Going Green Saves Green
Sustainability boosts your bottom line.
There has been a misperception for years that “greening” the supply chain in a health care setting will cost a hospital more, and simply attempting to go green is a luxury a facility just can’t afford. Susan Kaplan, JD, research assistant professor at the University of Illinois at Chicago School of Health, and director of the Health Care Research Collaborative, begs to differ. “We kept hearing stories of how health systems were saving money by going green,” she notes. “For instance, Kaiser Permanente has reduced harmful toxins while saving $25 million a year through its Environmentally Preferable Purchasing program. Dignity Health reported that in 2011, its reprocessing practices kept 198,000 pounds of waste out of landfills and saved the system $5.6 million.”
Kaplan wanted to dig deeper and test the idea that sustainability can save rather than cost money. With support from The Commonwealth Fund and The Robert Wood Johnson Foundation, the Health Care Research Collaborative collected data from hospitals implementing energy use reduction, waste reduction, and more efficient purchasing of operating room supplies. Using standardized metrics, the study concluded that savings could exceed $5.4 billion over five years, and $15 billion over 10.
One area the team researched was the reuse of single-use medical devices (SUDs). They collected data from seven hospitals sending SUDs back to the supplier to be cleaned, sterilized, and sold back to the hospital at a reduced price. The process saved each hospital about $12 per procedure (this does not included waste disposal savings) and $57 per procedure over five years. The team extrapolated that if all hospitals nationwide adopted this SUD reprocessing intervention, the cost savings would be $540 million annually or $2.7 billion over five years. With concrete data from studies such as this one, the numbers tell us that the common perception is incorrect and we can save green by going green.
Practice Greenhealth and its hospital members also have conducted studies looking at the lifecycle—or total cost of ownership—of a product from purchase to disposal. Here are a few case studies that show how sustainable procurement saves money.
The University of Maryland Medical Center (UMMC) found it was spending $1.35 million on waste disposal, which included surgical gowns and basins. UMMC teamed up with Synergy Health (formerly SRI Surgical) to purchase reusable gowns and basins. Synergy Health provides reusable supplies to health care facilities, and sterilizes and repackages the products at a local plant. Through this practice, UMMC avoided disposal of 138,748 pounds of waste—an approximate savings of $38,800 annually in waste disposal fees.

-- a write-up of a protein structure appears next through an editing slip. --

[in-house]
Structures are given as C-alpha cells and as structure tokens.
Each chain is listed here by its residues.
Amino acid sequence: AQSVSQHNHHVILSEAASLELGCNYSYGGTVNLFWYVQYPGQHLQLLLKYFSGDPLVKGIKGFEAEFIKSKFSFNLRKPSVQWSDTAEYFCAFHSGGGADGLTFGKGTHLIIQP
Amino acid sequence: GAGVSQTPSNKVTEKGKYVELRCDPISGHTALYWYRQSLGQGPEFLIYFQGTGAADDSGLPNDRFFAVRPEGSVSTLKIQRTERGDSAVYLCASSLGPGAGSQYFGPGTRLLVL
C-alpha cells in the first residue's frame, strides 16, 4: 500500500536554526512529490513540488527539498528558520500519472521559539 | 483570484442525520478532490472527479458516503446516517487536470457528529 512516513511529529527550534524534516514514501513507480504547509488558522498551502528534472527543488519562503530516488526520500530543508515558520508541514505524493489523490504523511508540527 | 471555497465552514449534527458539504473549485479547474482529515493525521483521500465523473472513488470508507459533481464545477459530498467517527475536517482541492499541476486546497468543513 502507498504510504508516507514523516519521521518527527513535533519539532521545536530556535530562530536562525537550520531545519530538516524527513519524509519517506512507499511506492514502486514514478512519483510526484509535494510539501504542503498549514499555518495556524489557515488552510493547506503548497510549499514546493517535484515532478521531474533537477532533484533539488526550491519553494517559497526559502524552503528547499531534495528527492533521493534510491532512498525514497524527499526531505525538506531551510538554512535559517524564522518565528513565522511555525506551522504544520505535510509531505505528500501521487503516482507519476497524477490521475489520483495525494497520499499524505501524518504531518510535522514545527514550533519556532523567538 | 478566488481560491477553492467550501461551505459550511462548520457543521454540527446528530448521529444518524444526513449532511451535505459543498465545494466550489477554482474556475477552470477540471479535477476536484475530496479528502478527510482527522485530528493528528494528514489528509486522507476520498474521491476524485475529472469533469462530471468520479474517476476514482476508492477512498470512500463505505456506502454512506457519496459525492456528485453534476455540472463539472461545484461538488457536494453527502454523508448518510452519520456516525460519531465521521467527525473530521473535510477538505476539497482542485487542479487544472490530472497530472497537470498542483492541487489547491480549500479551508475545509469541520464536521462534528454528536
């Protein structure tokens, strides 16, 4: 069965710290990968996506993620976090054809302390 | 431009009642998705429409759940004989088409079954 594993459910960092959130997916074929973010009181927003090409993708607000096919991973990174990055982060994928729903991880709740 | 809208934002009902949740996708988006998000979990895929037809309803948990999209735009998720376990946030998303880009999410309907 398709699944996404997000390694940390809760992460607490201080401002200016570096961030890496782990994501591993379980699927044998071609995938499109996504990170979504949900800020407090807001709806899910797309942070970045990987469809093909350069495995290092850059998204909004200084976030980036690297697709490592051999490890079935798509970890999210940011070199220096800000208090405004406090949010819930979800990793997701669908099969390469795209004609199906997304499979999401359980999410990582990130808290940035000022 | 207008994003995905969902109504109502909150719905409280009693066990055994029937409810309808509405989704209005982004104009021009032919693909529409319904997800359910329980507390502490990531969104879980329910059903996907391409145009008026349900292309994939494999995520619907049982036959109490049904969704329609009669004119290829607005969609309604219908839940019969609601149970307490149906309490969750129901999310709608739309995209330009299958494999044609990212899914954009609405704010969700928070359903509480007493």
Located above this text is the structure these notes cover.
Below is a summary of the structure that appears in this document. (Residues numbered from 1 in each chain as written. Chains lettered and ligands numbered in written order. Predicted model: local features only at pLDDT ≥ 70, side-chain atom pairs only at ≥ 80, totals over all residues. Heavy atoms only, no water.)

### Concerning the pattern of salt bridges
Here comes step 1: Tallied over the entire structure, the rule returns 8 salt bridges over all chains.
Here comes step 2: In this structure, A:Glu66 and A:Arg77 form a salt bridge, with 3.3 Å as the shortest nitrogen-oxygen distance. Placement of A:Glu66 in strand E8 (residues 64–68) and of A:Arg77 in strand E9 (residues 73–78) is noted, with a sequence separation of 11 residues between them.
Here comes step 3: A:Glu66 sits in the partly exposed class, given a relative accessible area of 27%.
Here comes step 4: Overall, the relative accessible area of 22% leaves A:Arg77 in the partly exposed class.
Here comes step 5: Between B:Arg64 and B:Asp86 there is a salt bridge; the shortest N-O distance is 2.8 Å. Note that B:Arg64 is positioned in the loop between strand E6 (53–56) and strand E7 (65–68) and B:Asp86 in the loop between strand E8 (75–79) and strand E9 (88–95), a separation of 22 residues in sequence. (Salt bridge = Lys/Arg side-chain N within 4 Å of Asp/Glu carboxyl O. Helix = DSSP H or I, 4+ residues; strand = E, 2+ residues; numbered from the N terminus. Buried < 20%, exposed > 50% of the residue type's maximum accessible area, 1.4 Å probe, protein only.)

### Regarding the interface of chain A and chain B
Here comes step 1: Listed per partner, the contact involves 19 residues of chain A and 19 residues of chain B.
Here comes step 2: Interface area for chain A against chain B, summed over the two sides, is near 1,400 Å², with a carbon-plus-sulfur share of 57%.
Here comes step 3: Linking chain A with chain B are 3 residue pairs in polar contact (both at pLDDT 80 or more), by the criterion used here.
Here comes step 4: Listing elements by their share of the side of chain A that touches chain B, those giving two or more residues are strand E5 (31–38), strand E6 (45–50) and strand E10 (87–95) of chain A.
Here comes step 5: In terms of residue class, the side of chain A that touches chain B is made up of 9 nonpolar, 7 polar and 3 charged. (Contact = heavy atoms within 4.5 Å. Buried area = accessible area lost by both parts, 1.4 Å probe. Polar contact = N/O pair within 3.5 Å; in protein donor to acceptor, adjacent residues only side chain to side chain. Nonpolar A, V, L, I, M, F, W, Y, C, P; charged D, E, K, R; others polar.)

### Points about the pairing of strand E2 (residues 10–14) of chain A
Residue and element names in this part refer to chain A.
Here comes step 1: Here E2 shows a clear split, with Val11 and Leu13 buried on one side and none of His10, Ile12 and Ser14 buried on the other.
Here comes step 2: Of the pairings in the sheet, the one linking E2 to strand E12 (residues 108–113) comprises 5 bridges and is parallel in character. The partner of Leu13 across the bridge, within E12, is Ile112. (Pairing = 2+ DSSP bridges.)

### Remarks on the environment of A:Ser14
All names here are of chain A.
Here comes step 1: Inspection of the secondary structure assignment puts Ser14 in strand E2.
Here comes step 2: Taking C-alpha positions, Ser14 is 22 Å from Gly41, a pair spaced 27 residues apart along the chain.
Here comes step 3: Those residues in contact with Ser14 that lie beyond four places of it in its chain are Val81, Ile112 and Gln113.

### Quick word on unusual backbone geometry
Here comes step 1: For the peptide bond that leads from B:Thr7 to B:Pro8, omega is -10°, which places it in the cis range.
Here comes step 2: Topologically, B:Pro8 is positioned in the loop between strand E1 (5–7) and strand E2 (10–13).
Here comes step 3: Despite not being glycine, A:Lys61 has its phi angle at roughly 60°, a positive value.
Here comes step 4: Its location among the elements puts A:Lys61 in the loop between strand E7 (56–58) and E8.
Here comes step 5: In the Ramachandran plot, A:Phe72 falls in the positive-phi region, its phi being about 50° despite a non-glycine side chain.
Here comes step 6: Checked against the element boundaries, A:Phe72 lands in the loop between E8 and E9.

Kaiser Permanente set out to reduce chemical cleaners for rigid endoscopes. The green team searched to find a camera head that could be steam-sterilized to avoid worker exposure to chemicals. The find resulted in 31-percent cost savings at completion of conversion and $1 million in annual savings from no longer having to purchase hydrogen-peroxide cassettes.
Fluid Management in the OR
North Suburban Medical Center (NSMC) is a 157-bed, acute-care hospital in Thornton, Colorado. During surgical procedures, OR staff suctioned blood, body fluid, and other fluid waste from patients via a suction device that used wall suction canisters. The OR staff ran into various problems with this fluid management system: The wall suction canisters were only available in a limited variety of sizes, and during a surgical procedure, the suction canisters would occasionally fill up, forcing the OR staff to empty the canisters, risking exposure to potentially infectious fluid waste. Additionally, the wall suction canisters had poor suction strength, and didn’t allow anesthesiologists the chance to accurately measure the fluid loss from the patient.
In an effort to reduce the amount of regulated medical waste the facility generated, NSMC switched to the Stryker Neptune Fluid Management System in the OR in 2010. The closed fluid system is composed of a mobile device that collects surgical fluid waste without
Other Success Stories
An early advocate for sterile hard cases, Boulder Community Hospital purchased $120,000 worth of hard cases, reducing its disposable blue wrap purchasing from $250,000 in 2003 to $60,000 in 2005—a total of $190,000 in savings.
Health Alliance saved $1 million and six tons of waste by reprocessing SUDs.
Children’s Hospital in Colorado persuaded its supplier to deliver patient identification bracelets in reusable totes instead of boxes. This small act resulted in $20,000 in material and staff savings.
Kaiser Permanente switched to reusable sharps containers and reduced waste, saving the health care system $1.7 million annually.